Hope. Our hearts yearn for it. Our souls long for it. After a couple of years of chaos, caused largely by a global pandemic, the world is desperately seeking strength, joy and hope when the surrounding world seems to be crumbling. To find that sense of happiness, some have turned to a false sense of hope… to try to fill the hole that only a relationship with Christ can fill. Where are we looking to receive the sense of “comfort and joy” that we all desperately desire? There can be only one true answer, and it was revealed thousands of years ago, found as a babe lying in a manger.
You may have heard the expression, “What a thrill!” We usually use this when we are overcome with excitement about something. The Christmas season is full of many thrills. For some it is the thrill of wondering what’s in that large package behind the tree. For others it is the thrill of finally taking a respite from busy schedules and spending time with loved ones. None of these things are bad, in and of themselves. However, have we lost our sense of awe and thrill in celebrating the birth of our Savior, even as we experience the many good things that are happening in December?
O Holy Night
Like countless of others, my favorite Christmas song is “O Holy Night.” Written from the book of Luke, this song is full of references to the birth of Jesus. There is an interesting story about the man, Placide Cappeau, who penned the original lyrics in 1847. How did this man come to write one of the greatest Christmas hymns of all time? Even though Cappeau had little interest in spiritual matters, he was asked by a local priest to write a Christmas poem to be read at church. (It’s true throughout Scripture that God often uses an “unlikely” person to point others to Christ.) One theory about why this man was asked to write the poem, later turned into song, is that the priest who asked him to write was hoping to encourage him to study the scriptures and truly come to know Jesus on a personal level. Whatever the intent, this song has transcended the test of time and is now heard all over the world, in both churches and secular arenas. Though full of many wonderful lyrics, one line has always stood out to me above all of the others: “A thrill of hope, the weary world rejoices.”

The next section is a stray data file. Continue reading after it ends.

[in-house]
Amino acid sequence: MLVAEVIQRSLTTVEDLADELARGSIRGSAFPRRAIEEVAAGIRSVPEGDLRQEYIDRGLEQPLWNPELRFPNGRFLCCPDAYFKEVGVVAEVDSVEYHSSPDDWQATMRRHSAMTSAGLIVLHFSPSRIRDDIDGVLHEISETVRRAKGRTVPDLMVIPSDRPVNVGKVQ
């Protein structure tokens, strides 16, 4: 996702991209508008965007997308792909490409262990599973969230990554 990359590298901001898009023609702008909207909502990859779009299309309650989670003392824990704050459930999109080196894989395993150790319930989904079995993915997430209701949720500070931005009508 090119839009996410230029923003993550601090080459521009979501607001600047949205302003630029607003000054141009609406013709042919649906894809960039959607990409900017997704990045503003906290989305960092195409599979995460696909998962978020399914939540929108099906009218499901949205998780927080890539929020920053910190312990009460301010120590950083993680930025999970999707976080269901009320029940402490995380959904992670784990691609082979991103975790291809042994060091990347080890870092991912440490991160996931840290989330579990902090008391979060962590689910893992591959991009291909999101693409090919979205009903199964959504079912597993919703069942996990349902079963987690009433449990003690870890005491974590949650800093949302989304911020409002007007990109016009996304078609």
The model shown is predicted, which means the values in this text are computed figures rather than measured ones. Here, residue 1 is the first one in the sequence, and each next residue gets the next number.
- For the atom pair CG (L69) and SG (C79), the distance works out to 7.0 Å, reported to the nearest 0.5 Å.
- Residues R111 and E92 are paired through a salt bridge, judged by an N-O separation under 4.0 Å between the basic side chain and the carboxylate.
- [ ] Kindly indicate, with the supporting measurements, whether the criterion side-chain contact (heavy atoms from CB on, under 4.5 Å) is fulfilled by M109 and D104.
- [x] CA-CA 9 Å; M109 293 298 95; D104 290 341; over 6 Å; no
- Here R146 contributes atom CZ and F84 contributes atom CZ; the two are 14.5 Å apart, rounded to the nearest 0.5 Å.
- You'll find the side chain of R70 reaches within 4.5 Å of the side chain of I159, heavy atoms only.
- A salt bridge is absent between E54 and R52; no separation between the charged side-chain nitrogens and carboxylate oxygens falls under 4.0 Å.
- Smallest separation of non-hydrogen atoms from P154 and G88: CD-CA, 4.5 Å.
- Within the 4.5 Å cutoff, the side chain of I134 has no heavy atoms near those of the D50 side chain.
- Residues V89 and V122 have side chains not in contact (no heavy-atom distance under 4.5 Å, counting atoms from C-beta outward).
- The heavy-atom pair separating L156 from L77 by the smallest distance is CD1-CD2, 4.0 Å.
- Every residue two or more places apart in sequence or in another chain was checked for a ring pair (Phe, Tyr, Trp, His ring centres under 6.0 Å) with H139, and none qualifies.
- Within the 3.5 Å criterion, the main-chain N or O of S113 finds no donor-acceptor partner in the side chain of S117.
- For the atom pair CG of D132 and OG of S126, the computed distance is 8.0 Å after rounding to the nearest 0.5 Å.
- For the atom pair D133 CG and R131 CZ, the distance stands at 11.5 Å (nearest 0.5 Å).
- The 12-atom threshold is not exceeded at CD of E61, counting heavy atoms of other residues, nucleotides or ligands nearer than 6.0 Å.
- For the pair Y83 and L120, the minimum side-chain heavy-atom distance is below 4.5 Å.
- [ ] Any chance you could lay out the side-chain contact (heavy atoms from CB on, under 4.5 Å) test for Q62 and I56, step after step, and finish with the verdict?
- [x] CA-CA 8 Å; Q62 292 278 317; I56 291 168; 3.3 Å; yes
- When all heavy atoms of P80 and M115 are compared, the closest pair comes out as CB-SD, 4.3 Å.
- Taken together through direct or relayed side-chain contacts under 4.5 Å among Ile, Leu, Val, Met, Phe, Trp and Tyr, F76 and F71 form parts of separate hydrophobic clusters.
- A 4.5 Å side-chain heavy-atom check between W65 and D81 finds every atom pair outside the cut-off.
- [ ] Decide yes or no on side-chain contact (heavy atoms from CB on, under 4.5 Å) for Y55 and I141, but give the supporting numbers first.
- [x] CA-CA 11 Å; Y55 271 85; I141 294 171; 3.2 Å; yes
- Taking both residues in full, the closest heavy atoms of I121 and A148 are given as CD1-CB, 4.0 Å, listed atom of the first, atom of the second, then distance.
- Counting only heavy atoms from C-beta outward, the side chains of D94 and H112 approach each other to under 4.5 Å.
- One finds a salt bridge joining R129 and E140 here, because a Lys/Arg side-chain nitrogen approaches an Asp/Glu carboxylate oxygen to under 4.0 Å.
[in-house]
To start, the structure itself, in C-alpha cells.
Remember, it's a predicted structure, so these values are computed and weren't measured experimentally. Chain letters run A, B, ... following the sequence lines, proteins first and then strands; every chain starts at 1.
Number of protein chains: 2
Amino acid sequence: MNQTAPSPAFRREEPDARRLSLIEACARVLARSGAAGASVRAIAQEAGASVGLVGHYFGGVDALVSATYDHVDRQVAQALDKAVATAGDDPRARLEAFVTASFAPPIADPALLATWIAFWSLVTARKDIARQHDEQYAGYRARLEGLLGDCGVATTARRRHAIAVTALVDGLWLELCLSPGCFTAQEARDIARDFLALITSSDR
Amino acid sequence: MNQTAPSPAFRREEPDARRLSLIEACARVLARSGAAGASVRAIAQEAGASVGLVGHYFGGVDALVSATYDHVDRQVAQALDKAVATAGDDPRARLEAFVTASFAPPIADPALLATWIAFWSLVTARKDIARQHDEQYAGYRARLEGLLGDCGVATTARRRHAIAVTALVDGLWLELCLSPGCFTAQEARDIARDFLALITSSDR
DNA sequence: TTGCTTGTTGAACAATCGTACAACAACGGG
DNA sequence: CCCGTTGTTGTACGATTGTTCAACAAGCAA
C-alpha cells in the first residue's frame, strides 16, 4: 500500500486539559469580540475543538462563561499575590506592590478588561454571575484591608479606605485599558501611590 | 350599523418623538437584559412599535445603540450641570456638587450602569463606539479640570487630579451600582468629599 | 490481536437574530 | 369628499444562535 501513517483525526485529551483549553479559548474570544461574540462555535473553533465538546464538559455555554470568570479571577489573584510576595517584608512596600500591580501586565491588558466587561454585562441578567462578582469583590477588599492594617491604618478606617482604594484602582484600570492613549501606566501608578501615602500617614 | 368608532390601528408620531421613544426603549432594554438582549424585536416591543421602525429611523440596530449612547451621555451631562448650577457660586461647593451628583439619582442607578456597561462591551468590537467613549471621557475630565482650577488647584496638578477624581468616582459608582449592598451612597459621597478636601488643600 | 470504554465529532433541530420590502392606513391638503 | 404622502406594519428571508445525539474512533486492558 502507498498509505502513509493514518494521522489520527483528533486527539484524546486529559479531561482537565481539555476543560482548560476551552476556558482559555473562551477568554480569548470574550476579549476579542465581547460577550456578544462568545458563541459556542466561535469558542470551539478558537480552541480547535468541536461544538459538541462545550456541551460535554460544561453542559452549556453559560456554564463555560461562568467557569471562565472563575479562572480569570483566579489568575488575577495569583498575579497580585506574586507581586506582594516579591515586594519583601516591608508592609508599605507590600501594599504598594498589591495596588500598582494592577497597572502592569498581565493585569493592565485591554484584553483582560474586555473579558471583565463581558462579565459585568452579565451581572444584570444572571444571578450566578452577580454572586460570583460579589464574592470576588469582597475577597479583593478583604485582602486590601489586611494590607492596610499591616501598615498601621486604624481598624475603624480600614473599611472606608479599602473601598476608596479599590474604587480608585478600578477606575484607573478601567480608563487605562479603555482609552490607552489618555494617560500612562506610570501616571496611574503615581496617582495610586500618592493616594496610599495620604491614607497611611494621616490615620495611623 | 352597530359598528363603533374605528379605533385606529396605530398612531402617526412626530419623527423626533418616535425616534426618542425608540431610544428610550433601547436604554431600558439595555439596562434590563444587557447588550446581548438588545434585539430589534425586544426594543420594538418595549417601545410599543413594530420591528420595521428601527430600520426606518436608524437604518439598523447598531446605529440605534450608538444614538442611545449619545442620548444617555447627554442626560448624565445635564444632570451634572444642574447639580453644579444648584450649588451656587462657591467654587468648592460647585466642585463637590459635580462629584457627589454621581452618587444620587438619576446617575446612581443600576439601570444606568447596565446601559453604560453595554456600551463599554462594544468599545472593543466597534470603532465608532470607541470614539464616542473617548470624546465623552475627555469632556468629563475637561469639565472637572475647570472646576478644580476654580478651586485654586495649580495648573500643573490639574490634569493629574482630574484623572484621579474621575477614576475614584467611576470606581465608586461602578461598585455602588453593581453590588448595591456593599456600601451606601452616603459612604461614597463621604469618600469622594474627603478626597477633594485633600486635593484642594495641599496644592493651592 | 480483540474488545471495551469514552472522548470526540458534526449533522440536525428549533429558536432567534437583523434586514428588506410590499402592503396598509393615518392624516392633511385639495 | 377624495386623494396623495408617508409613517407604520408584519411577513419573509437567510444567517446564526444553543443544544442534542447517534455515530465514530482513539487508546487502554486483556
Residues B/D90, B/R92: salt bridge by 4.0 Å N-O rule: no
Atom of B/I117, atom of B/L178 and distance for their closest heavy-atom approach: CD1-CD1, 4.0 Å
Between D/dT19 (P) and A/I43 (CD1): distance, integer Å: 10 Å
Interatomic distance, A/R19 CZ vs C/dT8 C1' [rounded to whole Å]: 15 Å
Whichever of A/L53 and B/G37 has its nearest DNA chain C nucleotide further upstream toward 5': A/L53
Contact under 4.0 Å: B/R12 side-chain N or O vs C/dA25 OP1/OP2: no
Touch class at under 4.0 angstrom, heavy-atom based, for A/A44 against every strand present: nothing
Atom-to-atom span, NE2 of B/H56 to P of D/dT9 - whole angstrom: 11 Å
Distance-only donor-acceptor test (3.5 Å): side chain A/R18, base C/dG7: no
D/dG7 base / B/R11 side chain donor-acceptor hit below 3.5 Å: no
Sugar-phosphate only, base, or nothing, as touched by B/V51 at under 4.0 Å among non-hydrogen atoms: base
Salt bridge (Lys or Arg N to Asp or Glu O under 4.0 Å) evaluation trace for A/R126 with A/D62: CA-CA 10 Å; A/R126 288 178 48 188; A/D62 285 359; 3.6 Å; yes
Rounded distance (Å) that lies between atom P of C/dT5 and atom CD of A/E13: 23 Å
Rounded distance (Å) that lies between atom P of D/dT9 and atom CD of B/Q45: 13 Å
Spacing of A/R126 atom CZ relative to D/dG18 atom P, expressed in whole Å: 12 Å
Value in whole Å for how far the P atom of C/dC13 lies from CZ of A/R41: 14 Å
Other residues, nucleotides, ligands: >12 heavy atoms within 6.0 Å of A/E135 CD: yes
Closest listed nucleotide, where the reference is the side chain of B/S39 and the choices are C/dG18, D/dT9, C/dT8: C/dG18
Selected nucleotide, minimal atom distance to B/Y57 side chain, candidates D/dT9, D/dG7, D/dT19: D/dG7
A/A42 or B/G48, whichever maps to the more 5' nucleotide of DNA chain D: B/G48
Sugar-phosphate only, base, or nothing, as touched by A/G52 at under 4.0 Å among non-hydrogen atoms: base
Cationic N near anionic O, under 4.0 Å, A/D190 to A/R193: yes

Come to Me
I think it is safe to argue that the world is weary today, just as it was 200 years ago when this song was penned. Back then there was weariness over wars and economic problems. Today there is increasing weariness with much of it surrounding sickness and civil unrest. However, friend, we don’t have to be hopeless no matter what we are facing in life. Jesus later declares in Matthew 11:28, “Come to me all you who are weary and burdened, and I will give you rest.” Though we may have been beaten down lately, faced hardships and trials of many kinds, we can run to the One who desires to carry our burdens for us. With God on our side, we are never “down and out.” We never have to fight our own battles, relying on our own strength. We have Christ on our side, who has overcome the world! THAT is the thrill of hope!
Romans 15:13 declares, “May the God of hope fill you with all joy and peace in believing, that you may abound in hope by the power of the Holy Spirit.” The good news of Christmas is that no matter what we have encountered this year, we have a Savior who came to give us new life. He was born to die for us. We have a Savior who has come down to us and understands what we are facing in this oftentimes difficult life. He stood in our place, took on the sins that we deserved, and said “I love you, and I forgive you.” What a thrill!
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